No matter what difficulties they might face, anything would be better than leaving three helpless girls to Devon Ravenel’s mercy.
Later in the evening, Devon and West had dinner in the dilapidated splendor of the dining room. The meal was of far better quality than they had expected, consisting of cold cucumber soup, roast pheasant dressed with oranges, and puddings rolled in sweetened bread crumbs.
“I made the house steward unlock the cellar so I could browse over the wine collection,” West remarked. “It’s gloriously well provisioned. Among the spoils, there are at least ten varieties of imported champagne, twenty cabernets, at least that many of bordeaux, and a large quantity of French brandy.”
“Perhaps if I drink enough of it,” Devon said, “I won’t notice the house falling down around our ears.”
“There are no obvious signs of weakness in the foundation. No walls out of plumb, for example, nor any visible cracks in the exterior stone that I’ve seen so far.”
Devon glanced at him with mild surprise. “For a man who’s seldom more than half sober, you’ve noticed a great deal.”
“Have I?” West looked perturbed. “Forgive me – I seem to have become accidentally lucid.” He reached for his wineglass. “Eversby Priory is one of the finest sporting estates in England. Perhaps we should shoot grouse tomorrow.”
“Splendid,” Devon said. “I would enjoy beginning the day with killing something.”
“Afterward we’ll meet with the estate agent and solicitor, and find out what’s to be done with this place.” West glanced at him expectantly. “You haven’t yet told me what happened this afternoon while you were out walking with Lady Trenear.”
Devon shrugged irritably. “Nothing happened.”
After introducing him to Helen, Kathleen had been abrupt and cool for the rest of the tour through the glasshouses. When they parted company, she had worn the relieved air of someone who had concluded an unpleasant duty.
“Did she wear the veil the entire time?” West asked.
“What does she look like?”
Devon shot him a derisive glance. “Why does that matter?”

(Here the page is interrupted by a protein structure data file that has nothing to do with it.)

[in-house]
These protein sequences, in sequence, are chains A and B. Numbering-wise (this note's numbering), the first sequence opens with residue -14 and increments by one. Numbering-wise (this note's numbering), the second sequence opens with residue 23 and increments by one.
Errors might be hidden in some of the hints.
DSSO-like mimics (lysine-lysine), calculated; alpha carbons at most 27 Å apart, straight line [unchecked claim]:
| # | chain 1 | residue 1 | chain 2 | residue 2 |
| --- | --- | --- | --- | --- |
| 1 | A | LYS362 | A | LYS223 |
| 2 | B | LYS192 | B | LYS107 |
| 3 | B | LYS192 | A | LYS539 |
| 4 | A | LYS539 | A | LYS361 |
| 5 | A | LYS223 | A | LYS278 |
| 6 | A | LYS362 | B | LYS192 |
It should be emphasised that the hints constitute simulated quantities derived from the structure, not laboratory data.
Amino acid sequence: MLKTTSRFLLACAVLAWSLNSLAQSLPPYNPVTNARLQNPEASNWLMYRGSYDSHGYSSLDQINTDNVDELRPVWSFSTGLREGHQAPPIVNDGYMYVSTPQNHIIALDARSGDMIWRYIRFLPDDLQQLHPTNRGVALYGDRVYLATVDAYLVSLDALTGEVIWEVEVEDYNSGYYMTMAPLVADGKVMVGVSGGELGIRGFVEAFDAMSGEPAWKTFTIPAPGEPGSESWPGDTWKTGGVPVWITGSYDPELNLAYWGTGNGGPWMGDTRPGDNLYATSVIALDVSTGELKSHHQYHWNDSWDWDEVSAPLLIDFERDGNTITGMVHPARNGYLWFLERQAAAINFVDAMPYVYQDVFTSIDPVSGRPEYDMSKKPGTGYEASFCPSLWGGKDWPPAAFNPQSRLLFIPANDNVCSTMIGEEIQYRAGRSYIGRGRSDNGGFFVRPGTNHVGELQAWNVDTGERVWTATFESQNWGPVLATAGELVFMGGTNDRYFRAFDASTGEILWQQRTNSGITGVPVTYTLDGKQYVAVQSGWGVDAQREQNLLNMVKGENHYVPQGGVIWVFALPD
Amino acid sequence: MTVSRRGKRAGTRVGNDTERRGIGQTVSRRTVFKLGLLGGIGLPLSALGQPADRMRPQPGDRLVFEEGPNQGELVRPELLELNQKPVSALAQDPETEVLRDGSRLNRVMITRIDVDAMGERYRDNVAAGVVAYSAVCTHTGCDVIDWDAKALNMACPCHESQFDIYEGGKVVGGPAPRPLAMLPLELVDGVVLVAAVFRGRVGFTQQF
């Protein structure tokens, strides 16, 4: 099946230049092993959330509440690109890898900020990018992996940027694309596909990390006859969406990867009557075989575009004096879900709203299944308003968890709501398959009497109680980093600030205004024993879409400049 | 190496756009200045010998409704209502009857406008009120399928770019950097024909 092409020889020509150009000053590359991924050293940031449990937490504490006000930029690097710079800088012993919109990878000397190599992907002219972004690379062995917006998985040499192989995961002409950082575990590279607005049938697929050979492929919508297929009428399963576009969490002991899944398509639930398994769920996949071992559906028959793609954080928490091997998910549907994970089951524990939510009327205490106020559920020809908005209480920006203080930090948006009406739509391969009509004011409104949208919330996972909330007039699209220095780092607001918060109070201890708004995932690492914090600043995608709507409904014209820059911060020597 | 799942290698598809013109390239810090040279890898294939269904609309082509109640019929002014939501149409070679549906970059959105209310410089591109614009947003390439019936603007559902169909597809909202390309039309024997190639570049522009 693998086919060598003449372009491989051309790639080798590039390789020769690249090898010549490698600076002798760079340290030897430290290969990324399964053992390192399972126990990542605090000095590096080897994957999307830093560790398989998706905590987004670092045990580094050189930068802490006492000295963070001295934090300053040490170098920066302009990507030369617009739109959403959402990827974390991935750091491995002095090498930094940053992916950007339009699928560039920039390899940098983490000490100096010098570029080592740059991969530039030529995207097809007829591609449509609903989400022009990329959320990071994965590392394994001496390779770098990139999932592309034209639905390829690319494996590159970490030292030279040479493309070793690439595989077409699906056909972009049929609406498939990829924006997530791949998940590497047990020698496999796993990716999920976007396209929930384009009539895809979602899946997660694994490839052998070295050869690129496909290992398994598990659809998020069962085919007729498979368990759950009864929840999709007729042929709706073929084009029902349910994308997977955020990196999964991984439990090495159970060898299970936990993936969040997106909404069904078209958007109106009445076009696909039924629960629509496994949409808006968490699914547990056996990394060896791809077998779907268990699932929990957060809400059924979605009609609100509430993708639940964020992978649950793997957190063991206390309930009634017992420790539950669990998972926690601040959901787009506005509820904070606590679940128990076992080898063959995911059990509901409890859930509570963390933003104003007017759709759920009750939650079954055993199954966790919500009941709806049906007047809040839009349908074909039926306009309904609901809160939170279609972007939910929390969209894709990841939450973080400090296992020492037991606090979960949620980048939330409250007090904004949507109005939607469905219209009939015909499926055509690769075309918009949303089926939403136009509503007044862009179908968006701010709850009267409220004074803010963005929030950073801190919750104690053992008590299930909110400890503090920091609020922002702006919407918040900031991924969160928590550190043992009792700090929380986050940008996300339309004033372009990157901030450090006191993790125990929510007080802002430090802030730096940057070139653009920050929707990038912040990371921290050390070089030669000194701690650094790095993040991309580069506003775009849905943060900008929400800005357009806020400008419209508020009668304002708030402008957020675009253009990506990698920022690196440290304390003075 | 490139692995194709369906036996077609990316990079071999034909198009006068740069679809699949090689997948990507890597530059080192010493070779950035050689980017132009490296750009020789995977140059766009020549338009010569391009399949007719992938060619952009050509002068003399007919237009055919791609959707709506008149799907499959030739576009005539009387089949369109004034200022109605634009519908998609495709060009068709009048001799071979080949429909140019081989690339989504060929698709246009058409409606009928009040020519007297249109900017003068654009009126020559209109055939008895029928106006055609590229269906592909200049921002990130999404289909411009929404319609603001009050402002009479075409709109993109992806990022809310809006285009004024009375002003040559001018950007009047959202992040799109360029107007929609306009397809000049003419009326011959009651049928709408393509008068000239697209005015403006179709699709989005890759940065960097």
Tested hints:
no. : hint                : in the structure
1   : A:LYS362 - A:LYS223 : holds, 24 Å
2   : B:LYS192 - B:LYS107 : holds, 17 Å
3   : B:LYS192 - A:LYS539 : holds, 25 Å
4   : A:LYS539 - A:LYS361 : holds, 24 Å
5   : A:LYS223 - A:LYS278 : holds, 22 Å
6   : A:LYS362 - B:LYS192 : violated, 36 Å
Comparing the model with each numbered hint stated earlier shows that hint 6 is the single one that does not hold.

“I’m curious. Theo had his pick of women – he wouldn’t have wed an ugly one.”
Devon turned his attention to his wineglass, swirling the vintage until it glittered like black rubies. There seemed no way to accurately describe Kathleen. He could say that her hair was red and that her eyes were golden-brown and tip-tilted like a cat’s. He could describe her fair skin and the rosy undertone that rose to the surface like a winter sunrise. The way she moved, her supple athletic grace constrained by laces and stays and layers. But none of that explained the fascination she held for him… the sense that somehow she had the power to unlock some altogether new feeling inside him, if only she cared to try.
“If one were to measure strictly by appearance,” Devon said, “she’s pleasing enough to bed, I suppose. But she has the temperament of a baited badger. I’m going to boot her from the estate as soon as possible.”
“What of Theo’s sisters? What will become of them?”
“Lady Helen is suited for employment as a governess, perhaps. Except that no married woman in possession of her wits would ever hire a girl that pretty.”
Devon gave him a forbidding glance. “Stay away from her, West. Far away. Don’t seek her out, don’t speak to her, don’t even look at her. The same goes for the twins.”
“They’re innocent girls.”
West gave him a caustic glance. “Are they such fragile flowers that they couldn’t tolerate a few minutes of my company?”
“‘Fragile’ is not the word I would use. The twins have spent years scampering about the estate like a pair of foxes. They’re unworldly and more than a little wild. God knows what’s to be done with them.”
“I pity them, if they’re sent out into the world without a man’s protection.”
“That’s not my concern.” Devon reached for the carafe of wine and refilled his glass, trying not to think of what would become of them. The world wasn’t kind to innocent young women. “They were Theo’s responsibility. Not mine.”
“I believe this is the part in the play,” West mused, “when a noble hero would appear to save the day, rescue the damsels, and set everything to rights.”
Devon rubbed the corners of his eyes with the pads of his thumb and forefinger. “The truth is, West, I couldn’t salvage this damned estate, or save the damsels, even if I wanted to. I’ve never been a hero, nor do I have any wish to be.”
“… in light ofthe late earl’s failure to provide legitimate male issue,” the family solicitor droned the next morning, “according to the legal rule of perpetuities, which renders the devise of entail void for remoteness, the settlement has expired.”
As an expectant silence filled the study, Devon looked up from a pile of leases, deeds, and account books. He was meeting with the estate agent and solicitor, respectively Mr. Totthill and Mr. Fogg, neither of whom appeared to be a day under ninety.
“What does that mean?” Devon asked.
“The estate is yours to do with as you please, my lord,” Fogg said, adjusting his pince-nez to regard him owlishly. “At present, you are not bound by entail.”
Devon’s gaze shot to West, who was lounging in the corner. They exchanged relieved glances. Thank God. He could sell the estate in parts or in its entirety, pay off the debt, and go on his way with no further obligation.